Michael McGoldrick

Feature: Precious Musos

Here's some info on the great line-up of musicians who helps make "Precious Heroes" such a great album.

 
Name Andy Irvine
Instrument Bouzouki, mandola, octave mandola, harmonica & vocal
About Andy Irvine is one of the great Irish singers, his voice one of a handful of truly great ones that gets to the very soul of Ireland. He has been hailed as “a tradition in himself”.
Site www.andyirvine.com
 
Name Luke Plumb
Instrument Mandolin, guitar, programming, bouzouki, guitar & vocal
About Through his work with Shooglenifty, Peter Daffy and as a Solo performer, Luke Plumb has established a reputation as a driving force in acoustic music on the global stage.
Site https://www.lukeplumb.com
 
Name Mike McGoldrick
Instrument Flute & Whistle
About Andy’s Ushers Island bandmate, Michael McGoldrick (born 26 November 1971, Manchester, England) is an English Low whistle, Irish flute, Uillean pipes, tin whistle and bodhran player. He also plays other instruments such as guitar and mandolin in some of his tracks.
Site https://en.wikipedia.org/wiki/Michael_McGoldrick
 
Name John McCusker
Instrument Fiddle
About John McCusker (born 15 May 1973) is a Scottish folk musician, record producer and composer. An accomplished fiddle player, he had a long association as a member of the Battlefield Band beginning in the 1990s and was later a band member and producer for folk singer Kate Rusby. He has served as producer and arranger for artists in a range of genres and also has several solo albums to his credit.
Site http://www.johnmccusker.co.uk
 
Name Kate Burke & Ruth Hazleton
Instrument Vocals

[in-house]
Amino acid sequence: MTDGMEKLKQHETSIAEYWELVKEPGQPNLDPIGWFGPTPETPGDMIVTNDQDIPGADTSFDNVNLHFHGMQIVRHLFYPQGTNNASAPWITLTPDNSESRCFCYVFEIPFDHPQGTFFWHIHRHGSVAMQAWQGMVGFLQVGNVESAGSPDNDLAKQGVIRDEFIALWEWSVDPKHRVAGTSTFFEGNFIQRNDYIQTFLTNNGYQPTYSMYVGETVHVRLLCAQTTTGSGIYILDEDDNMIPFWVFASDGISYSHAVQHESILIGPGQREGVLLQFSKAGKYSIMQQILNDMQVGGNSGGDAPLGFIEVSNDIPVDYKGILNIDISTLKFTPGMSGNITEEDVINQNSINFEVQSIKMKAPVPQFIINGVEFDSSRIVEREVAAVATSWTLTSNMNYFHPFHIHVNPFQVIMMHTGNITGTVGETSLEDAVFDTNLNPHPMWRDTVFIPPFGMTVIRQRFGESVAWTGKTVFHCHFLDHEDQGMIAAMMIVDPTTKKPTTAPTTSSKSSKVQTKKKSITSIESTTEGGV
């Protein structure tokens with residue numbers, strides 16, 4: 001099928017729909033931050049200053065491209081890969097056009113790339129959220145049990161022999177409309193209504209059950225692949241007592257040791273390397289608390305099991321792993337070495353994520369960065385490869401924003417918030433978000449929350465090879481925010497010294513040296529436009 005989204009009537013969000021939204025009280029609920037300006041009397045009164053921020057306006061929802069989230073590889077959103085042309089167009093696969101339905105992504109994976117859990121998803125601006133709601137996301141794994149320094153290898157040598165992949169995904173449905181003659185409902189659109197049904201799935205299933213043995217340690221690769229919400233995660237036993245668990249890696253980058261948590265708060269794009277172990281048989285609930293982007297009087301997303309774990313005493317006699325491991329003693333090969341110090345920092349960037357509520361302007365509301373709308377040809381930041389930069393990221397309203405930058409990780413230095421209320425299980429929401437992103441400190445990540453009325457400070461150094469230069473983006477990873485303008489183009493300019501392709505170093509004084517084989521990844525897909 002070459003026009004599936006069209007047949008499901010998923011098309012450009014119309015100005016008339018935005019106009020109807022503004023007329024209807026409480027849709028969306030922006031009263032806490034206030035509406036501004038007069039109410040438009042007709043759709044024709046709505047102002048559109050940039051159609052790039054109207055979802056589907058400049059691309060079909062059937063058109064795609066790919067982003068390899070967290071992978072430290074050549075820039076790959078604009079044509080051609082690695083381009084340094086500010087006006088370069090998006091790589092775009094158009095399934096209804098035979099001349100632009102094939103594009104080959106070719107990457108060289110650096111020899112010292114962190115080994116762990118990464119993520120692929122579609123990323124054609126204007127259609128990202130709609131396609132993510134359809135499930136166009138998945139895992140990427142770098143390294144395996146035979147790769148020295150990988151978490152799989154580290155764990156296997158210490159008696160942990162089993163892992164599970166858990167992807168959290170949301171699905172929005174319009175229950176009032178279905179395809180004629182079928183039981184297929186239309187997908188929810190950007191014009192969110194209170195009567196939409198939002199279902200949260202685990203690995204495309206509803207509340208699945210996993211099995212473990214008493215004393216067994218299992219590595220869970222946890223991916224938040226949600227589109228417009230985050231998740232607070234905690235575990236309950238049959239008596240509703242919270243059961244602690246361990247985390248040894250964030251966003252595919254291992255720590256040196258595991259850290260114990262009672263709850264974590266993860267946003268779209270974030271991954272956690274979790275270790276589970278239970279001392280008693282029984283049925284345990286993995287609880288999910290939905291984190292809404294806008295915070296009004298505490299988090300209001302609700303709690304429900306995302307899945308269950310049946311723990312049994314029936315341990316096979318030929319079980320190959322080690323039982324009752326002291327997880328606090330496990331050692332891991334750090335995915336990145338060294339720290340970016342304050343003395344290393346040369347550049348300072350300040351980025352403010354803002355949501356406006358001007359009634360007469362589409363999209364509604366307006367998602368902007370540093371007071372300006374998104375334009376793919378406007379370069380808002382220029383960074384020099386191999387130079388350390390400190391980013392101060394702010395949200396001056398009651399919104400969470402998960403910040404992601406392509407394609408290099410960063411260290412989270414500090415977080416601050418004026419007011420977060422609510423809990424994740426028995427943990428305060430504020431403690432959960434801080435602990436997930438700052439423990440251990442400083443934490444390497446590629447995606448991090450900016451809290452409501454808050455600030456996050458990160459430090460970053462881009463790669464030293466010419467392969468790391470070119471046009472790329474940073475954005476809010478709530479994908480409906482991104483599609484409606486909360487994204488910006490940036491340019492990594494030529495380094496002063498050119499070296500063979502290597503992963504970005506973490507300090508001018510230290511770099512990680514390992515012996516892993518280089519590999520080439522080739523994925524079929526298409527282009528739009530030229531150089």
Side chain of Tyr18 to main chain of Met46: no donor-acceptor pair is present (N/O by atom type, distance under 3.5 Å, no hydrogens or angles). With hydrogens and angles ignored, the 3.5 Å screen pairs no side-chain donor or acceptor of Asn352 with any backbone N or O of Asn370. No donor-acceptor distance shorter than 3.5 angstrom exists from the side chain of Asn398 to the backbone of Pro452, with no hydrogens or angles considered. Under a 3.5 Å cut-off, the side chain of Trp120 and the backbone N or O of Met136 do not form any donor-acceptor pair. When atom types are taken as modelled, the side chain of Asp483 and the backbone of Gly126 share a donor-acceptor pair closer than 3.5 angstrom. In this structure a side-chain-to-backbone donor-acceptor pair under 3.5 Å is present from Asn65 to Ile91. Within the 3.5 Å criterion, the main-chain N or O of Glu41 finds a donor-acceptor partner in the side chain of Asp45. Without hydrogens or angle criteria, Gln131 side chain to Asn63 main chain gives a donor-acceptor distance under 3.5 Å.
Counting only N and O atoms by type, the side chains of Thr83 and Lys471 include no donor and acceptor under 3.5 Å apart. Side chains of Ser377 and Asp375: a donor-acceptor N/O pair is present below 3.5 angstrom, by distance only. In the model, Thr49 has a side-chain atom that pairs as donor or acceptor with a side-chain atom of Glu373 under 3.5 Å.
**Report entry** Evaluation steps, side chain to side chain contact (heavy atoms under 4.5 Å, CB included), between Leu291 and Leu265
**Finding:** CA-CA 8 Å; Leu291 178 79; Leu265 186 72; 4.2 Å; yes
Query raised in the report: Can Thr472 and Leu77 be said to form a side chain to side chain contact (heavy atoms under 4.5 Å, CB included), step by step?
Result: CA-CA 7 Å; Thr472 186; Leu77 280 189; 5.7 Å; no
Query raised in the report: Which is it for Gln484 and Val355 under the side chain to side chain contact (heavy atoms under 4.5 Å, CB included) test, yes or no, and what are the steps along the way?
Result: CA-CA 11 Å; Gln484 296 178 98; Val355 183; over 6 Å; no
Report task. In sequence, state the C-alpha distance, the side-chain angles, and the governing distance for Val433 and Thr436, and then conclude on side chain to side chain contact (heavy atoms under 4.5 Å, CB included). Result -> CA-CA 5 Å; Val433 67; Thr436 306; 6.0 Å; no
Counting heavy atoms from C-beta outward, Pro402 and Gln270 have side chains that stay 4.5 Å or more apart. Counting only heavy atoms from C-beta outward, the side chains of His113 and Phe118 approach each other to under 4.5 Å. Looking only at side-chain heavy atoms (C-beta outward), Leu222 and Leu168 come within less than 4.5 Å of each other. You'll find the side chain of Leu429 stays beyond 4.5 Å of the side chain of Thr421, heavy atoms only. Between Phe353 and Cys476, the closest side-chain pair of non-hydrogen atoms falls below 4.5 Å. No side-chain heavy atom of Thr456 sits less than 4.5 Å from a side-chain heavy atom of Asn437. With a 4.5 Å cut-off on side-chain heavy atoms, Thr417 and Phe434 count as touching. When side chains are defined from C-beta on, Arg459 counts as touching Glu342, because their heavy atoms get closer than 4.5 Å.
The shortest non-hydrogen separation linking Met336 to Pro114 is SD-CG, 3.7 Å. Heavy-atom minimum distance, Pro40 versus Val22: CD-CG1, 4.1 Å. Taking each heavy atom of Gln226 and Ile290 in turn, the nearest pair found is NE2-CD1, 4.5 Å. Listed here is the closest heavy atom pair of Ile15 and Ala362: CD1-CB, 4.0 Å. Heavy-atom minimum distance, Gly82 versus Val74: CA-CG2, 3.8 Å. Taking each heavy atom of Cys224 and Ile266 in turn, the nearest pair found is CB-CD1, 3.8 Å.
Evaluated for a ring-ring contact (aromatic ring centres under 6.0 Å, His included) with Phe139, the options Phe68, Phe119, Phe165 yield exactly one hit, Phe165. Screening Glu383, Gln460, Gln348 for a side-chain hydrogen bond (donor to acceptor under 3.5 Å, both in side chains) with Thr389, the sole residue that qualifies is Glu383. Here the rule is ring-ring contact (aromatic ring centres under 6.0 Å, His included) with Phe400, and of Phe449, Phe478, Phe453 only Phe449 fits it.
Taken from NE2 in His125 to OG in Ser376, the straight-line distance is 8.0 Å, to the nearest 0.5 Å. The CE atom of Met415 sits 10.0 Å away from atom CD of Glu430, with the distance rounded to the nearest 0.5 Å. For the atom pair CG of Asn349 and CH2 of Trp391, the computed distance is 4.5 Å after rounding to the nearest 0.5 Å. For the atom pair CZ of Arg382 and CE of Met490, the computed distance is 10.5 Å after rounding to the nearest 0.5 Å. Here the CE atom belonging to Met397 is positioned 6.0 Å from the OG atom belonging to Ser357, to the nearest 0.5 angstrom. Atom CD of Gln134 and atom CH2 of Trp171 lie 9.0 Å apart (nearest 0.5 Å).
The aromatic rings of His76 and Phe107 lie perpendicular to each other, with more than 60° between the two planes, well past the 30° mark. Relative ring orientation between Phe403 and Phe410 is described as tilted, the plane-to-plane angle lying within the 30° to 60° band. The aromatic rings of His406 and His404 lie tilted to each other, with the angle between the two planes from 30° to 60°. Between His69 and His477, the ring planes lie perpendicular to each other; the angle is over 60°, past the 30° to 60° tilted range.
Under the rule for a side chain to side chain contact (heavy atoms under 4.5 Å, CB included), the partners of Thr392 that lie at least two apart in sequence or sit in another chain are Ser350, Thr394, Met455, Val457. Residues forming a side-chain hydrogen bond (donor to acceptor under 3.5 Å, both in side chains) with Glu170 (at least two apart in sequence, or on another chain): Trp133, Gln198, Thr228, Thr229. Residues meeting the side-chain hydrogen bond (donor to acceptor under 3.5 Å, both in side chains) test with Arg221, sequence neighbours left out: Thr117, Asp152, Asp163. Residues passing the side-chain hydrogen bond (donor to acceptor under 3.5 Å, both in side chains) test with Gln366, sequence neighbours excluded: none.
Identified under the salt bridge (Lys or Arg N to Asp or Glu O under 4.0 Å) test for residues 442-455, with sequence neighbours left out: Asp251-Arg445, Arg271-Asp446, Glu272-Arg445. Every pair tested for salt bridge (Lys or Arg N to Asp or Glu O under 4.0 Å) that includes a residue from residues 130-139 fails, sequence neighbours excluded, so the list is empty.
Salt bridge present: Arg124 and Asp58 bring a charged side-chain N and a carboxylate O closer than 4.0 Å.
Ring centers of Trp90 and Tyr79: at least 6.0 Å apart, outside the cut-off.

About Kate Burke and Ruth Hazleton are two of Australia’s most respected and renowned folk musicians.  Their vocal harmonies, exceptional musicianship and unique interpretations of traditional song have won them national and international acclaim over the years.
Site http://www.kateandruth.com
 
Name Rens Van Der Zalm
Instrument Guitar & Fiddle
About Andy’s Mozaik bandmate, right-hand man. The Netherlands has few celebrities in the field of folk. But the Rotterdammer Rens van der Zalm definitely belongs in this select company. For three decades he has been giving colour – and more than that – to all sorts of different music groups with his violin, mandolin, guitar, accordion, bagpipe, whistles, harmonica and so on.
Site https://www.facebook.com/rens.vanderzalm
 
Name James Mackintosh
Instrument Percussion
About Hailing from the Scottish Highlands, James’s first forays into percussion were distinctly hand knitted. Fearing for the integrity of her pots and pans, his mother eventually bought him a drumkit for his 15th birthday. Some 30 years later James is widely recognised as one of Scotland’s most innovative drummers, and he is responsible for the deliriously danceable grooves underpinning Shooglenifty’s sound. The Shoogle drummer is much in demand elsewhere: with Capercaillie, Grit Orchestra, String Sisters and Michael McGoldrick to name a few.
Site http://www.shooglenifty.com
Name Kumiko